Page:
William E. Carruthers ('What we are talking about when we talk about Tutankhamun’s beard?' January 29, 2015) puts the discussion of Tut's beard into its post-colonial context and argues that we should fight inequality which will somehow resolve all problems.
Once again, the scientific stability of the objects was linked to (and became more important than) the political ‘chaos’ occurring outside their institutional home. Once again, protesters outside were dying in their droves.[...] So how can anyone attempt to address this situation in any sort of constructive way? Perhaps one suggestion would be to stop blaming victims. Maintenance workers and conservators working with very low budgets and under very high pressure do not deserve criticism. The root causes behind this situation do, and unpacking them can go some to way to helping understand why.And of course all the collectors over on the IAPN/PNG lobbyist's blog who suddenly felt themselves the world's greatest experts on conservation the moment the anti-Egyptian news stories broke are betraying the worst possible kind of neo-colonialist and xenophobic prejudices which simply serve to maintain these inequalities.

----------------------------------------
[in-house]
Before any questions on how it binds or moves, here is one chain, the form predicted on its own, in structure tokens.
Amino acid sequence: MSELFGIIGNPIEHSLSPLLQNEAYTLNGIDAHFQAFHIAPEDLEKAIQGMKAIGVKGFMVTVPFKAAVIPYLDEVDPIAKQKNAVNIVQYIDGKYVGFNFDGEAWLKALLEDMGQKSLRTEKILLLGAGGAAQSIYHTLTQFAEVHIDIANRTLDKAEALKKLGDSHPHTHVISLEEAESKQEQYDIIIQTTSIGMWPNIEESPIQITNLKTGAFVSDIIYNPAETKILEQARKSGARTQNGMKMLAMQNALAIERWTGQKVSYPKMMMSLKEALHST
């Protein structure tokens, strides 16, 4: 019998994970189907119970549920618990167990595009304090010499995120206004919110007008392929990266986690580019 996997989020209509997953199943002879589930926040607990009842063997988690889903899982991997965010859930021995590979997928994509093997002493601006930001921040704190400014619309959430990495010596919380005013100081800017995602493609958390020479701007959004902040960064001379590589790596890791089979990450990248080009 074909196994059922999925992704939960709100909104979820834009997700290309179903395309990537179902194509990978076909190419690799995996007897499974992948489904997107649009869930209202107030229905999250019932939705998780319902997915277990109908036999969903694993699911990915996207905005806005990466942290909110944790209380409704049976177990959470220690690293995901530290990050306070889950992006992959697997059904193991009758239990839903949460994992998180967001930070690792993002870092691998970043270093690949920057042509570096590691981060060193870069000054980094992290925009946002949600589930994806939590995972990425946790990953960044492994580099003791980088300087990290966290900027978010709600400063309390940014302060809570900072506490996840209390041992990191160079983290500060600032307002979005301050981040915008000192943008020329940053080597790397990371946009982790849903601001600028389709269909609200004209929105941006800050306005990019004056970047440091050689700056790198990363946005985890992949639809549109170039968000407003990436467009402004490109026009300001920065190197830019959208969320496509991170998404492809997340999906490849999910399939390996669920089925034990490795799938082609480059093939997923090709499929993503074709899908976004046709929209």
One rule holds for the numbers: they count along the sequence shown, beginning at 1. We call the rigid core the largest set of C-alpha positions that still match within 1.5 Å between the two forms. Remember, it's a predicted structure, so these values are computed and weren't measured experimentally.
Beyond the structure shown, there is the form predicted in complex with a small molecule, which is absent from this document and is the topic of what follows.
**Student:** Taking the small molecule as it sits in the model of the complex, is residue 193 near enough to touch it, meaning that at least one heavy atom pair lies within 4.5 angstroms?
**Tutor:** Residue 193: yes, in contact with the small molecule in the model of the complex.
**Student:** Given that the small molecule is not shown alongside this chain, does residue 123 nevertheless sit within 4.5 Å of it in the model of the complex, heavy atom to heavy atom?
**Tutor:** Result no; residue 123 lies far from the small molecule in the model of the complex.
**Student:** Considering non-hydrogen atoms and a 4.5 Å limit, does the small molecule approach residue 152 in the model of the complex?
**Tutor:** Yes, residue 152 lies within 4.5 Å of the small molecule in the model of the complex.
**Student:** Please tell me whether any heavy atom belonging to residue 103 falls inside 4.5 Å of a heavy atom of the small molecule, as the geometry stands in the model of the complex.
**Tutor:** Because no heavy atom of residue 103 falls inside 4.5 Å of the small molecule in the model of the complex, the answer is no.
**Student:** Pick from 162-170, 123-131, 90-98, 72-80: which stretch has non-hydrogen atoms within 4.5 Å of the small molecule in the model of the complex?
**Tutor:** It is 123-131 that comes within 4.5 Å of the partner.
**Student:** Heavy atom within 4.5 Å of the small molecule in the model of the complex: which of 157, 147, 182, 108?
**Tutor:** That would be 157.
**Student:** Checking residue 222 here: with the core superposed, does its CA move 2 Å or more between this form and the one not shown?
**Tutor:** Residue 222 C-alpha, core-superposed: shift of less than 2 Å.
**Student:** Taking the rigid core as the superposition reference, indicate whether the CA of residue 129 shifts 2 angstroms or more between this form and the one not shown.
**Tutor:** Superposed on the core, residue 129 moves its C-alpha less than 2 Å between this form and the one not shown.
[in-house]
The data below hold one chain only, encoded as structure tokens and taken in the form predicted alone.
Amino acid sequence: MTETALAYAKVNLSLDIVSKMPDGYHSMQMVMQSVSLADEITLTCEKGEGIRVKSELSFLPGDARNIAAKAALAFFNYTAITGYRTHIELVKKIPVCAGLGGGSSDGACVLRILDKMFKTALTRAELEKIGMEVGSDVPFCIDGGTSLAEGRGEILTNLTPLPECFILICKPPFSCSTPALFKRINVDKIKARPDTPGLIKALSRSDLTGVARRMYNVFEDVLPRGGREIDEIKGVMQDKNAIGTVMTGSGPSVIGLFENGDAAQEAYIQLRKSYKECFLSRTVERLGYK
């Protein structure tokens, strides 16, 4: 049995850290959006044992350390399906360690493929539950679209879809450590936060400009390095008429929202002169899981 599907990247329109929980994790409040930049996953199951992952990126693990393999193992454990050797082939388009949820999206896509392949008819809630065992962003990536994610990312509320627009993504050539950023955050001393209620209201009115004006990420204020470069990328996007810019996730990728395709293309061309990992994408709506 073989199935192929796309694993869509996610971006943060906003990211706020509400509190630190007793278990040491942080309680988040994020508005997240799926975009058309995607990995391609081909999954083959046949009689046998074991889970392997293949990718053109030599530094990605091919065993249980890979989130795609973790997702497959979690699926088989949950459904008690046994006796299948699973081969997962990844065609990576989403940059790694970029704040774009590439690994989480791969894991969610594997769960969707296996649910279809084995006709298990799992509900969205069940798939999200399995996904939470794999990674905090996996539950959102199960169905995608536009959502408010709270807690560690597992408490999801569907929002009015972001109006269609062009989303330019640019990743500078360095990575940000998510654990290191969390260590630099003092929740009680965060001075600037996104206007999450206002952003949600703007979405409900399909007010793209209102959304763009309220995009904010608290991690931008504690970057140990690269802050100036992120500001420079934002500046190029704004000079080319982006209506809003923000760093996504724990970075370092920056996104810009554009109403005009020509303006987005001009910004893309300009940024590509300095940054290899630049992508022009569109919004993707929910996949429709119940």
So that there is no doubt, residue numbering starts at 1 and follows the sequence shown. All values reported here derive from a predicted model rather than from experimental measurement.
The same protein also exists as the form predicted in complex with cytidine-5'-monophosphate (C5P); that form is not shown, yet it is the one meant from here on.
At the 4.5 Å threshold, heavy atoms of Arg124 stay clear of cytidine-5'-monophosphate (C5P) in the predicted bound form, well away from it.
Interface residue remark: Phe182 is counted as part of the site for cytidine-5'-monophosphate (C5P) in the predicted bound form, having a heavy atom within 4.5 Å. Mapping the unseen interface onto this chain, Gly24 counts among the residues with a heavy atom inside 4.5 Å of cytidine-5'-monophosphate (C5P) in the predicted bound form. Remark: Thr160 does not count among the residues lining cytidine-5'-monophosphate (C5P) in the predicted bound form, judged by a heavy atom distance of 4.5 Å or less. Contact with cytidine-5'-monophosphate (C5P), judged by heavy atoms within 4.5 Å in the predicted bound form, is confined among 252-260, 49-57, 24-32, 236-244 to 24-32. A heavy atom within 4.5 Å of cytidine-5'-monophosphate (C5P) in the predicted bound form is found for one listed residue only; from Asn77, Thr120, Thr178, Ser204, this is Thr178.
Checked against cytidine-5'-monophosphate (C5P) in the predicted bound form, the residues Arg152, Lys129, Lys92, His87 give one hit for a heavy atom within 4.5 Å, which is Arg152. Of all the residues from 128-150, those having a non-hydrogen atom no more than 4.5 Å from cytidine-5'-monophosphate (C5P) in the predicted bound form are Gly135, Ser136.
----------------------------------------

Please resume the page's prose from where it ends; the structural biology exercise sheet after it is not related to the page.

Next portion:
Vignette: Global Civilians for Peace
Hat tip to Sam Hardy